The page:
There are times where I go on a run to engage the world around me. I run through Cooper Young to remind myself of the beauty of the city, to look into the windows of my favorite restaurants, to take on a specific hill. Or I trail run to remind myself what fresh air feels like and to get lost in the woods (on a trail no less). I go out hoping to have an adventure, to come back with a story about where I've been and what I've seen.
And yet, sometimes, I run to escape. I don't want to think anymore. It's either cry or listen to the sound of my steps, because it's very hard to run and sob at the same time. I don't want to talk. I want to either think through it all or of nothing at all.
The mind is such a powerful thing. I know the body is capable of doing more than I ever imagined, but that's my point. Sometimes I can't even imagine what I am capable of.
When I first started running, I heard rumors that running is more mental than physical. I laughed at those rumors, a lot. I thought my "off days" where I couldn't get myself to run, were just opportunities to work on the creativity of my excuses not to. Then when I started training, actually following a plan, I became wiser. I quickly learned the power of the mind, the power to trick you, the power to make you want to quit more than anything, because it's too hard, too hot, too far, too long. But the real runner's high is this, that after you do it, after you run that distance, that time, in those conditions, after you do it, you've done it. There's nothing you can't do.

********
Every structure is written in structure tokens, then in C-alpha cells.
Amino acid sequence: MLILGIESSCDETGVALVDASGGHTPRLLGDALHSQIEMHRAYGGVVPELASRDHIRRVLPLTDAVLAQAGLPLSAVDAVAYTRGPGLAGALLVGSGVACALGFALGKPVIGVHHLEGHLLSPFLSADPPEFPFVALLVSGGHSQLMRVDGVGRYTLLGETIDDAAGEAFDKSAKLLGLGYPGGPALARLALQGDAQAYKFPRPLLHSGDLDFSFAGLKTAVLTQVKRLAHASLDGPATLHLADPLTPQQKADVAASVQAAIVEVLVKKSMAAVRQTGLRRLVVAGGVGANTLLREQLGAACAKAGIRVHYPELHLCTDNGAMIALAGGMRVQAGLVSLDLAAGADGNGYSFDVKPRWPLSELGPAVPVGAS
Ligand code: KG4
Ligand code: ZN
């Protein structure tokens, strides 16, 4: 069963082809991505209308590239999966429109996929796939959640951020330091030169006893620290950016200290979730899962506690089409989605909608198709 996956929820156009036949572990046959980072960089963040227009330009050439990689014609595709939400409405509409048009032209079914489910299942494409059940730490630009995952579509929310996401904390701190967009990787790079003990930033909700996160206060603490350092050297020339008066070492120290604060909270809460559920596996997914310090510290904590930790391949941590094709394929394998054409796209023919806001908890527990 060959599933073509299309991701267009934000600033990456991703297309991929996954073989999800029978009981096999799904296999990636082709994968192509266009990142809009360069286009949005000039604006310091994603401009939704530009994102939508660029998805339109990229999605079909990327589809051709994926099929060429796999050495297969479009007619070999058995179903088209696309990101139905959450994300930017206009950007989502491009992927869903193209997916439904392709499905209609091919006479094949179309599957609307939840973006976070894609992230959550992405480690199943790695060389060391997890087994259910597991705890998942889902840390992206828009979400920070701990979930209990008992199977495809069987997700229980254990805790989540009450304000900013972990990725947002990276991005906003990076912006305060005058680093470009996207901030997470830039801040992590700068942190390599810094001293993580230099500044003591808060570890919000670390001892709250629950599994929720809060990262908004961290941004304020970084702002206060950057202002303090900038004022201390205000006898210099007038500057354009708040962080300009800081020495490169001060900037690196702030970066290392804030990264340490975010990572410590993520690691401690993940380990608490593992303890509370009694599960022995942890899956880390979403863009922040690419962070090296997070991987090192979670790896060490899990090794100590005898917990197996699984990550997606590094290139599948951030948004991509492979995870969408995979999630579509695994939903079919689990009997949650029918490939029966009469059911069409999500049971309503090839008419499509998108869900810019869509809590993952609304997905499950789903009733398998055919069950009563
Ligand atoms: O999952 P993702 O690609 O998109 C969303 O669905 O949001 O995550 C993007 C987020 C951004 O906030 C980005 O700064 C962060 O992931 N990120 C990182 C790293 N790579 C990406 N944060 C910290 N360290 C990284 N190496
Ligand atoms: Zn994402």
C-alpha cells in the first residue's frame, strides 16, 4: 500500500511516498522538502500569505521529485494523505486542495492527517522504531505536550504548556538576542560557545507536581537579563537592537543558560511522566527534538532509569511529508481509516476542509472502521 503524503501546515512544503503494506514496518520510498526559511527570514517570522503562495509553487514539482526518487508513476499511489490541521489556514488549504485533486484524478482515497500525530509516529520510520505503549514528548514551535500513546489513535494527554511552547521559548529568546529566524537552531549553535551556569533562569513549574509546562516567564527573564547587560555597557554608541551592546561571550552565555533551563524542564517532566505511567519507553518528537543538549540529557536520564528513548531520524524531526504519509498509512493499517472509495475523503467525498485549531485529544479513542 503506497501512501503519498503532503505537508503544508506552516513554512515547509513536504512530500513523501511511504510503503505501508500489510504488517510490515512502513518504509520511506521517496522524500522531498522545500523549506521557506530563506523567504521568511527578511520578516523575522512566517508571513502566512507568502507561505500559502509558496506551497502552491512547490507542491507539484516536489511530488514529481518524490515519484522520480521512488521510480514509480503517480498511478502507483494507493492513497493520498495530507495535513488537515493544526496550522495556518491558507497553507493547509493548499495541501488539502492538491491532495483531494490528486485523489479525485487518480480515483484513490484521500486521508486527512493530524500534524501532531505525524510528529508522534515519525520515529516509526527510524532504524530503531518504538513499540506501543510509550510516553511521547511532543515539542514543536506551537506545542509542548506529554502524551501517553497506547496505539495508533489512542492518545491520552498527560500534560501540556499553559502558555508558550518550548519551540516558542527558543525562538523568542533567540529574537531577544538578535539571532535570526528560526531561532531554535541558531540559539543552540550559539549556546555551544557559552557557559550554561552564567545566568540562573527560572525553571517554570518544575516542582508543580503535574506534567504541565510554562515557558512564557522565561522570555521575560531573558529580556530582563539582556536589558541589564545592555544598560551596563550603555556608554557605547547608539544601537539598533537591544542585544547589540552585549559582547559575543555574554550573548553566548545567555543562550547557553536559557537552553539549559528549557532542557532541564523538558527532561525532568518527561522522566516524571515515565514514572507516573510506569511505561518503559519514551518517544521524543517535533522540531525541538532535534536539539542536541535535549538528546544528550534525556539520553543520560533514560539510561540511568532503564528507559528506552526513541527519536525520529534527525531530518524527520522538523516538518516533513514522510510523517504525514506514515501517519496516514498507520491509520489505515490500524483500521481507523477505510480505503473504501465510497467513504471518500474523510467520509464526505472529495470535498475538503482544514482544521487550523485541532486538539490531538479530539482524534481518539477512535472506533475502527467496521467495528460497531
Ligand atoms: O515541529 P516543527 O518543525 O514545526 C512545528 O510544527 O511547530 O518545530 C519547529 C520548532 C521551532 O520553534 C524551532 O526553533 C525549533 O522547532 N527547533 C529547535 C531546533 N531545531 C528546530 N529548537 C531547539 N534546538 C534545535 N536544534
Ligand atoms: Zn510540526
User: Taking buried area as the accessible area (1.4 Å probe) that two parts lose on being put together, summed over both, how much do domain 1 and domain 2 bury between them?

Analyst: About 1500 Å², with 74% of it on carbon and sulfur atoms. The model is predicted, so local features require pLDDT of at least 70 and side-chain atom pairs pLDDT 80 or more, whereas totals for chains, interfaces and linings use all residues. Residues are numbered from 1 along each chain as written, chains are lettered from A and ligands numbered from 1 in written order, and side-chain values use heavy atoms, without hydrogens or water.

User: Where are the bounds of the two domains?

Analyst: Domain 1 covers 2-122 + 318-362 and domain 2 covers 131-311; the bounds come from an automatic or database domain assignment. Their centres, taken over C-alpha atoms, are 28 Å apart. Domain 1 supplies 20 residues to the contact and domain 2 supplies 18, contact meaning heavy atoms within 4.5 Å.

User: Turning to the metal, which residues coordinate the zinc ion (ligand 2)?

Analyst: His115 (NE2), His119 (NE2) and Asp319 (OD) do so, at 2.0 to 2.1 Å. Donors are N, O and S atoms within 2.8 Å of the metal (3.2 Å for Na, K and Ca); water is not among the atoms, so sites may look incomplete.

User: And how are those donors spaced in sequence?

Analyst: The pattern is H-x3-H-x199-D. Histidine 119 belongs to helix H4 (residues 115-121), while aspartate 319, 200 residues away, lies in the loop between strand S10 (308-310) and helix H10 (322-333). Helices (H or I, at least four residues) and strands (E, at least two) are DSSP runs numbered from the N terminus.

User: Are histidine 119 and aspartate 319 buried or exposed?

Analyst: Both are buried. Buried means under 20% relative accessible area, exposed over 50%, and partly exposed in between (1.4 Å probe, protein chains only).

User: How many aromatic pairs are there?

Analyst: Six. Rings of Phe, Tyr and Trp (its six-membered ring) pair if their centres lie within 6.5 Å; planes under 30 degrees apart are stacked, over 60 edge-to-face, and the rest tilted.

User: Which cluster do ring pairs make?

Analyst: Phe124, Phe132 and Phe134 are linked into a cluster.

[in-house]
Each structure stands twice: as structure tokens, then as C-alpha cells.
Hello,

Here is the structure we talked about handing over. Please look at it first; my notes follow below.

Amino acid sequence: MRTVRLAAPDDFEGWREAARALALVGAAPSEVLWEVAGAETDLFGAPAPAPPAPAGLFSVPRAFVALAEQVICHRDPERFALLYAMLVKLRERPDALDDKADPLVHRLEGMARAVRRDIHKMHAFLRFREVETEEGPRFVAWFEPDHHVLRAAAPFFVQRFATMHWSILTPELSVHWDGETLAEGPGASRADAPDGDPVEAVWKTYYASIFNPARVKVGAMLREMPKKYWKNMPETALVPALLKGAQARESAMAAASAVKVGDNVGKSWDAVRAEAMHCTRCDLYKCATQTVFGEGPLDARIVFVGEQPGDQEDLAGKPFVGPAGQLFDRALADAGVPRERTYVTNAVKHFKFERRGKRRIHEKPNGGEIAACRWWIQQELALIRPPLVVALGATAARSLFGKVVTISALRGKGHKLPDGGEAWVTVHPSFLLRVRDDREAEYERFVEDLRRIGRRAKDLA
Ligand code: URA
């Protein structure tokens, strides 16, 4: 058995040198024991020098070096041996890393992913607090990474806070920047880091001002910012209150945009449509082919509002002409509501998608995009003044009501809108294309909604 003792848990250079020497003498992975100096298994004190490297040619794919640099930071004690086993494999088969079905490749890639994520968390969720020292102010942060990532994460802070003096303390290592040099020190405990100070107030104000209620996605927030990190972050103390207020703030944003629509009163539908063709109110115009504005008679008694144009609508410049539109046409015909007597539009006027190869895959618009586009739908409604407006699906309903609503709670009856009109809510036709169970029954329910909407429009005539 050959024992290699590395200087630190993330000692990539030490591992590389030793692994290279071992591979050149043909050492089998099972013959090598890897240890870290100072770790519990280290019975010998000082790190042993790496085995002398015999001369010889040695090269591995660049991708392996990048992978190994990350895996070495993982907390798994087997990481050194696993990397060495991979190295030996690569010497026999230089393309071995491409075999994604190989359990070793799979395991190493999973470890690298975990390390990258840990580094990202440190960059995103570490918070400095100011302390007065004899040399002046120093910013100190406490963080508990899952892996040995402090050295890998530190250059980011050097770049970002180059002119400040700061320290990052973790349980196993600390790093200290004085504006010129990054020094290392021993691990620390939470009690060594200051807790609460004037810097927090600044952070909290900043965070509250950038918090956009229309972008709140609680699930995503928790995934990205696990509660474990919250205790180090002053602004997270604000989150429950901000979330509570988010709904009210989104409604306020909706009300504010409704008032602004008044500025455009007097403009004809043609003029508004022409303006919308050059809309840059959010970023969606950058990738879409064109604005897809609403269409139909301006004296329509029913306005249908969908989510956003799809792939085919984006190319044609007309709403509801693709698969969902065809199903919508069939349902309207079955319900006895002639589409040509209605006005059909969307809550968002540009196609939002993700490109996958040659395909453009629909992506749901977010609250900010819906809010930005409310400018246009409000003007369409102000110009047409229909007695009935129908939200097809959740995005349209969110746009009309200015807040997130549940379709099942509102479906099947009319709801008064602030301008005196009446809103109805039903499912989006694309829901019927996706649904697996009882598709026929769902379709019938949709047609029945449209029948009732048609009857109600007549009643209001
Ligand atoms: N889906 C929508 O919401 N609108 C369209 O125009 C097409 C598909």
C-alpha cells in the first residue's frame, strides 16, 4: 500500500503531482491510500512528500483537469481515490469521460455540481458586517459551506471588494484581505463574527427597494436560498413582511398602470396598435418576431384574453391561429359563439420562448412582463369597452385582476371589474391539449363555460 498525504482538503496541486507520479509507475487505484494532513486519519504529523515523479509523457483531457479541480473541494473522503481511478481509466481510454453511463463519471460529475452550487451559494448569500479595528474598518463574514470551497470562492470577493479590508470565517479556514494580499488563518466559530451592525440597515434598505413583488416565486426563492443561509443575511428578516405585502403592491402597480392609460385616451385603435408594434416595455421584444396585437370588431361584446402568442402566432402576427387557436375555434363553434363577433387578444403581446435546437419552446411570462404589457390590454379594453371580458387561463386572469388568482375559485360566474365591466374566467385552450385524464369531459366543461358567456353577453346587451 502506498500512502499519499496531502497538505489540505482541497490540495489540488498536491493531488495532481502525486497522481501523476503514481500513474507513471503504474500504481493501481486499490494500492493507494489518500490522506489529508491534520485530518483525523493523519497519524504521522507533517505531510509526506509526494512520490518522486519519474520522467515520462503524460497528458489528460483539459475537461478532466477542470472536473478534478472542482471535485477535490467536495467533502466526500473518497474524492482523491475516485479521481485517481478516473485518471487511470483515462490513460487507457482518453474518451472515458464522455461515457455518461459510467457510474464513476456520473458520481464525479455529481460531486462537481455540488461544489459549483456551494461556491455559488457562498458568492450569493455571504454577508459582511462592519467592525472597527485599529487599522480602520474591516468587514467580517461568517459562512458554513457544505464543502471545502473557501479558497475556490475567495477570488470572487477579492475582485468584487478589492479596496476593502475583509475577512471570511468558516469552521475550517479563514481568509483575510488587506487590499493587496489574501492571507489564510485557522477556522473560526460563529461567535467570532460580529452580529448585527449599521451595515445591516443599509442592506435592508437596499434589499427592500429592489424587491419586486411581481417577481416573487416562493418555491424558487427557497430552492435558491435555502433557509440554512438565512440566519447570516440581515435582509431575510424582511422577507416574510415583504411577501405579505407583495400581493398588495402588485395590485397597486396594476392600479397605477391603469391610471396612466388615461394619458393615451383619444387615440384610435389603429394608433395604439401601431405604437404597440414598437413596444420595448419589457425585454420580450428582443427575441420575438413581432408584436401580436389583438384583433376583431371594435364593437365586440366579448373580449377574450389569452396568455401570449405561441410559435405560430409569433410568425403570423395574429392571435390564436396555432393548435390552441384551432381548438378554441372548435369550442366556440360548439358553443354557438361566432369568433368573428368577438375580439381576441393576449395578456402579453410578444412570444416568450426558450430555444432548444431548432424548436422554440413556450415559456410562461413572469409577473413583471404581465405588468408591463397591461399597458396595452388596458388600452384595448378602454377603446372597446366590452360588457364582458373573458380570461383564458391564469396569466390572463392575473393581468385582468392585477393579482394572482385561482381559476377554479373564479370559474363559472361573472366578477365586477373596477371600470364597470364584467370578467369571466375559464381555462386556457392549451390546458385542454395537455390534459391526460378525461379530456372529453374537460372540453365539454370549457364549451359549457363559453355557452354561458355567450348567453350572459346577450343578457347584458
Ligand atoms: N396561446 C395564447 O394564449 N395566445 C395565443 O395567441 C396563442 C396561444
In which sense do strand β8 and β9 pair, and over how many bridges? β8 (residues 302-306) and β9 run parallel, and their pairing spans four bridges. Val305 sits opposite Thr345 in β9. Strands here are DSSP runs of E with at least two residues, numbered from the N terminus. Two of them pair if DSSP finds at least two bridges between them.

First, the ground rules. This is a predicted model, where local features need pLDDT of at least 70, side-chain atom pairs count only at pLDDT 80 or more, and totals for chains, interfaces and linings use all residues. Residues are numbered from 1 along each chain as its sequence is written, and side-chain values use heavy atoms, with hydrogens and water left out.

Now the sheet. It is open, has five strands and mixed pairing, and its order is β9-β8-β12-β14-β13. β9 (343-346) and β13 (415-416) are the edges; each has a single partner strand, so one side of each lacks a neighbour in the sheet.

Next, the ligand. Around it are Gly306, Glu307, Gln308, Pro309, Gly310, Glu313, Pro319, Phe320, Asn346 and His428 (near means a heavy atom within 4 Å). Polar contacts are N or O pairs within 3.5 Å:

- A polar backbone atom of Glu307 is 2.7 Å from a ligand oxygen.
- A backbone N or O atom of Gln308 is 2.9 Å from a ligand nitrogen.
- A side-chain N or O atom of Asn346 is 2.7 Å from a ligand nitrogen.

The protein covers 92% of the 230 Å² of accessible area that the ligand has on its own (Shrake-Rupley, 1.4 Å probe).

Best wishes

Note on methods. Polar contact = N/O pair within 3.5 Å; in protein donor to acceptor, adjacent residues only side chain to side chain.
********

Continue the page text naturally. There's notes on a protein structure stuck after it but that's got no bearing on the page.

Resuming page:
This is deep thinking for me. Thinking in this way makes me want to set goals; it makes me want a challenge, just to see what I can do. I think I have the itch. No, not that itch, the next-race itch. I want something good, something challenging.
The mind is a powerful thing. Support is powerful thing. Whether you're running for adventure or from insanity, for a purpose or from excuses, keep going. We understand, and we want to encourage you, too. Tell us on our blog, Twitter, or Facebook if you need some encouragement. Tell us how you struggle. We'll sympathize. We'l encourage you. And then, we'll tell you to keep going.
I don't know what my next goal or personal challenge is going to be, but I would love to hear your goals for the year and how you are challenging yourself. Let me know what races, distances, or other activities you do to keep yourself both sane and sharp! Let us know how to encourage you.